All too often, supply chain sustainability is reduced to a formulaic mold rather than the adaptable process it should be. By Sumit Kumar | SupplyChain247
Recent history has presented many examples of well-known companies – Apple, Walmart, Target and Tesco, to name a handful – facing the ire of customers, investors and governments due to flaws in their supply chains.
As a result, it is increasingly clear that unsustainable supply chains can have negative reputational, as well as financial, implications.
That realization is now elevating the sustainability of supply chains for organizations worldwide.
Part of the credit for this increased awareness also goes to organizations such as the Carbon Disclosure Projectand Global Reporting Initiatives for sharpening the focus around these topics.
Unfortunately, however, the approach to achieving sustainable supply chains has become a stereotype, as most organizations end up only meeting baseline compliance.
Purchasers go by clichéd “sustainable procurement guidelines” that list expectations from suppliers on common sustainability parameters and act as a screener at the time of on-boarding a supplier. But this approach defeats the purpose, especially for critical suppliers, because of its inherent limitations:
1. A straitjacket approach for all suppliers results in weak guidelines, which mostly seeks basic compliance to environmental, labor and human rights laws.
2. Once that weak guideline is met, there is little incentive for the suppliers to improve their performance.
These shortcomings then create a situation where neither the buying organization nor its suppliers are focused on improving the sustainability performance of suppliers beyond basic certifications.
In order to derive maximum value out of a sustainable supply chain and avoid supply chain disruptions, responsible organizations need to take ownership of their supply chain.
Here is an alternative approach CPOs can adopt to ensure sustainable performance of critical suppliers:
1. Think comprehensively with supplier assessments
Assess your critical suppliers by doing a comprehensive analysis of their performance on Environmental, Social, and Governance parameters. The assessment should be customized for each supplier, based on its industry and geography of operation.
Specific points that should be covered include: an evaluation of strategy, policy and other initiatives to tackle sustainability issues; an analysis of data reported on key sustainability performance indicators; a check for compliance with industry- and region-specific norms; and benchmarks for performance alongside industry peers.
2. Engage suppliers to discuss gaps
After dissecting a supplier’s sustainability performance, a buyer and a vendor should formulate a concrete plan to mitigate any potential risks to the supplier relationship.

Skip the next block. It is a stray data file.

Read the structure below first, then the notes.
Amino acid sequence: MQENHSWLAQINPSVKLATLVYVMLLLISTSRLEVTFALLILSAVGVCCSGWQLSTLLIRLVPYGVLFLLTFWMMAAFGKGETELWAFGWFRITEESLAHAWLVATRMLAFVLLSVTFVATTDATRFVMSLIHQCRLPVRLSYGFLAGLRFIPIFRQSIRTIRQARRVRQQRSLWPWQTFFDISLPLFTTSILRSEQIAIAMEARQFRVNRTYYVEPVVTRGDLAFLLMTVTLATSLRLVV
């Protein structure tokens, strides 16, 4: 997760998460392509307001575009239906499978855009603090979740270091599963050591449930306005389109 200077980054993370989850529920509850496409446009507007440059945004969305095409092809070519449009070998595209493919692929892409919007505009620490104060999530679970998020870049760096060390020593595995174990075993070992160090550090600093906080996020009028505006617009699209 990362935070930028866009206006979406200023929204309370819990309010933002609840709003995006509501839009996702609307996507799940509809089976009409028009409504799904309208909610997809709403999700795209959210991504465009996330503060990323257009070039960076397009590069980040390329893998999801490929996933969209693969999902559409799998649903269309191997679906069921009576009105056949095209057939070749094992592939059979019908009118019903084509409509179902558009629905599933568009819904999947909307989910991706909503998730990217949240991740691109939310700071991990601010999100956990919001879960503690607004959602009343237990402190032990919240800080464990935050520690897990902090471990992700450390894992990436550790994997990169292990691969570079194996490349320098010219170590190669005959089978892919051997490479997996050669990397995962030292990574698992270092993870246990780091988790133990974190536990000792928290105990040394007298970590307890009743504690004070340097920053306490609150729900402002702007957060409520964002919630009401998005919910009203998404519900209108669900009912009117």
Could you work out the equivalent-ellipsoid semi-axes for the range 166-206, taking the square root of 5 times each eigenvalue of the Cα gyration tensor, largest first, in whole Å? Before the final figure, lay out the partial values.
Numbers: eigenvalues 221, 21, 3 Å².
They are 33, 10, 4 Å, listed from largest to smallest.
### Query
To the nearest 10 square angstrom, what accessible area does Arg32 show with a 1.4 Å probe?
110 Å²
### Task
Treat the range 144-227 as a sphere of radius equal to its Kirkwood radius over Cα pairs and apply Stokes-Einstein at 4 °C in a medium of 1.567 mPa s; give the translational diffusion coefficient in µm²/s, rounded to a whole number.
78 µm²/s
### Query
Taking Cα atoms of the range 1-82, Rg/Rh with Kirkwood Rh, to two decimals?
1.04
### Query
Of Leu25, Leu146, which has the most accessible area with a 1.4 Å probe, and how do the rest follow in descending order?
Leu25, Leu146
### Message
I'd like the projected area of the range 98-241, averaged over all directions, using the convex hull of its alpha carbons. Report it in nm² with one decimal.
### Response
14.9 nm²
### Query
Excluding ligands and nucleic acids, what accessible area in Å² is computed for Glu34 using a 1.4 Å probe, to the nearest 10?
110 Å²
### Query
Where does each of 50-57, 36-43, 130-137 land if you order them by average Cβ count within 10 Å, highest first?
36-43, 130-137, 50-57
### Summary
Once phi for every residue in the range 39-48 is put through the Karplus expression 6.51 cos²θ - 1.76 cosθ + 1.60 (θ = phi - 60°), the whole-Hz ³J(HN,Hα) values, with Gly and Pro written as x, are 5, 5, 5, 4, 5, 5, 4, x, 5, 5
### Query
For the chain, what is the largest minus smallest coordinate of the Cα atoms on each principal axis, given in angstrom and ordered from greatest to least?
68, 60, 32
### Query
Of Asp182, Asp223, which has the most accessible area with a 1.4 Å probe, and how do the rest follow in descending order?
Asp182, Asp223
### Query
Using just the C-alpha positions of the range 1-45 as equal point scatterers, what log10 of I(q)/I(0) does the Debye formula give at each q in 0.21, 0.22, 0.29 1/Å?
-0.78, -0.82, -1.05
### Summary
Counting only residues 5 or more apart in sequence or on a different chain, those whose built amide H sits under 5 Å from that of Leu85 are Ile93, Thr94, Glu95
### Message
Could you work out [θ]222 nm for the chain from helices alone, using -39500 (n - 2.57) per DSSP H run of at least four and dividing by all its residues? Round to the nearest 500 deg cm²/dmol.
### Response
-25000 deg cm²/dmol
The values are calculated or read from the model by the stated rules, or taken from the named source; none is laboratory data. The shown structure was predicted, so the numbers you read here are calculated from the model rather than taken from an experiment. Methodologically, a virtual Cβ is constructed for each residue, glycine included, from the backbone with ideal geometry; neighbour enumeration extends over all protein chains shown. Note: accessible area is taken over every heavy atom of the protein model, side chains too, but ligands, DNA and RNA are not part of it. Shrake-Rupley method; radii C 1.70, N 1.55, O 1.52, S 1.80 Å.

Educating and collaborating with the supplier can help improve sustainability performance and reporting.
3. Keep tabs on progress
Monitor the development of a supplier, its given industry and geography on an ongoing basis.
It is also important to conduct periodic assessments of suppliers, with frequency dependent on how critical the relationship is to operations and how much risk exposure can be traced to a vendor’s sustainability performance.
4. Spread the wealth
Share the best sustainability practices adopted by leading suppliers with other suppliers, so that it becomes a win-win situation for everyone.
The goal is that ultimately, this effort will translate into goodwill and a stronger relationship with a company’s supplier base.
Cashing in on a sustainable supply chain
Having such a framework in place will give companies a better and deeper visibility into how critical suppliers operate both short- and long-term.
That means spotting both spot early warning signals for sustainability-related risks, and then the chance to proactively take steps to mitigate those risks.
At the same time, companies can uncover opportunities to work with suppliers to improve their own overall sustainability performance. Such opportunities can come through initiatives to reduce the environmental footprint of a supplier, leveraging supplier innovation to develop more sustainable products or other benefits.
A very good example to illustrate the benefits of such a system is British Telecom, which adopted a similar approach to create Better Future Supplier Forum (BFSF) in 2012.
The company invites its select suppliers to this forum, where they are assessed and rated. It then engages its suppliers and helps them improve their sustainability practices.
In the first year of BFSF, one major supplier achieved 23,000 tons of carbon savings from changes implemented in manufacturing, packaging and logistics, which in turn reduced BT’s carbon footprint.
The process also educated suppliers on innovative designs that are not only more sustainable, but also more cost-effective. The platform also facilitates ongoing assessment and rating of suppliers’ sustainability performance, which helps determine awards for best performing suppliers and bolsters relationships.
If organizations start proactively managing the sustainability of their supply chains, they stand to benefit in the multiple ways: compliance with regulations on responsible and sustainable procurement; avoiding supply chain disruptions due to environmental, social, ethical and governance risks; a jumping off point for using suppliers to improve overall sustainability; and stronger bonds with business partners.
In the end, I believe more organizations should think beyond the sustainable procurement guidelines approach to maximize the benefits of their supply chain and strengthen the march towards sustainability.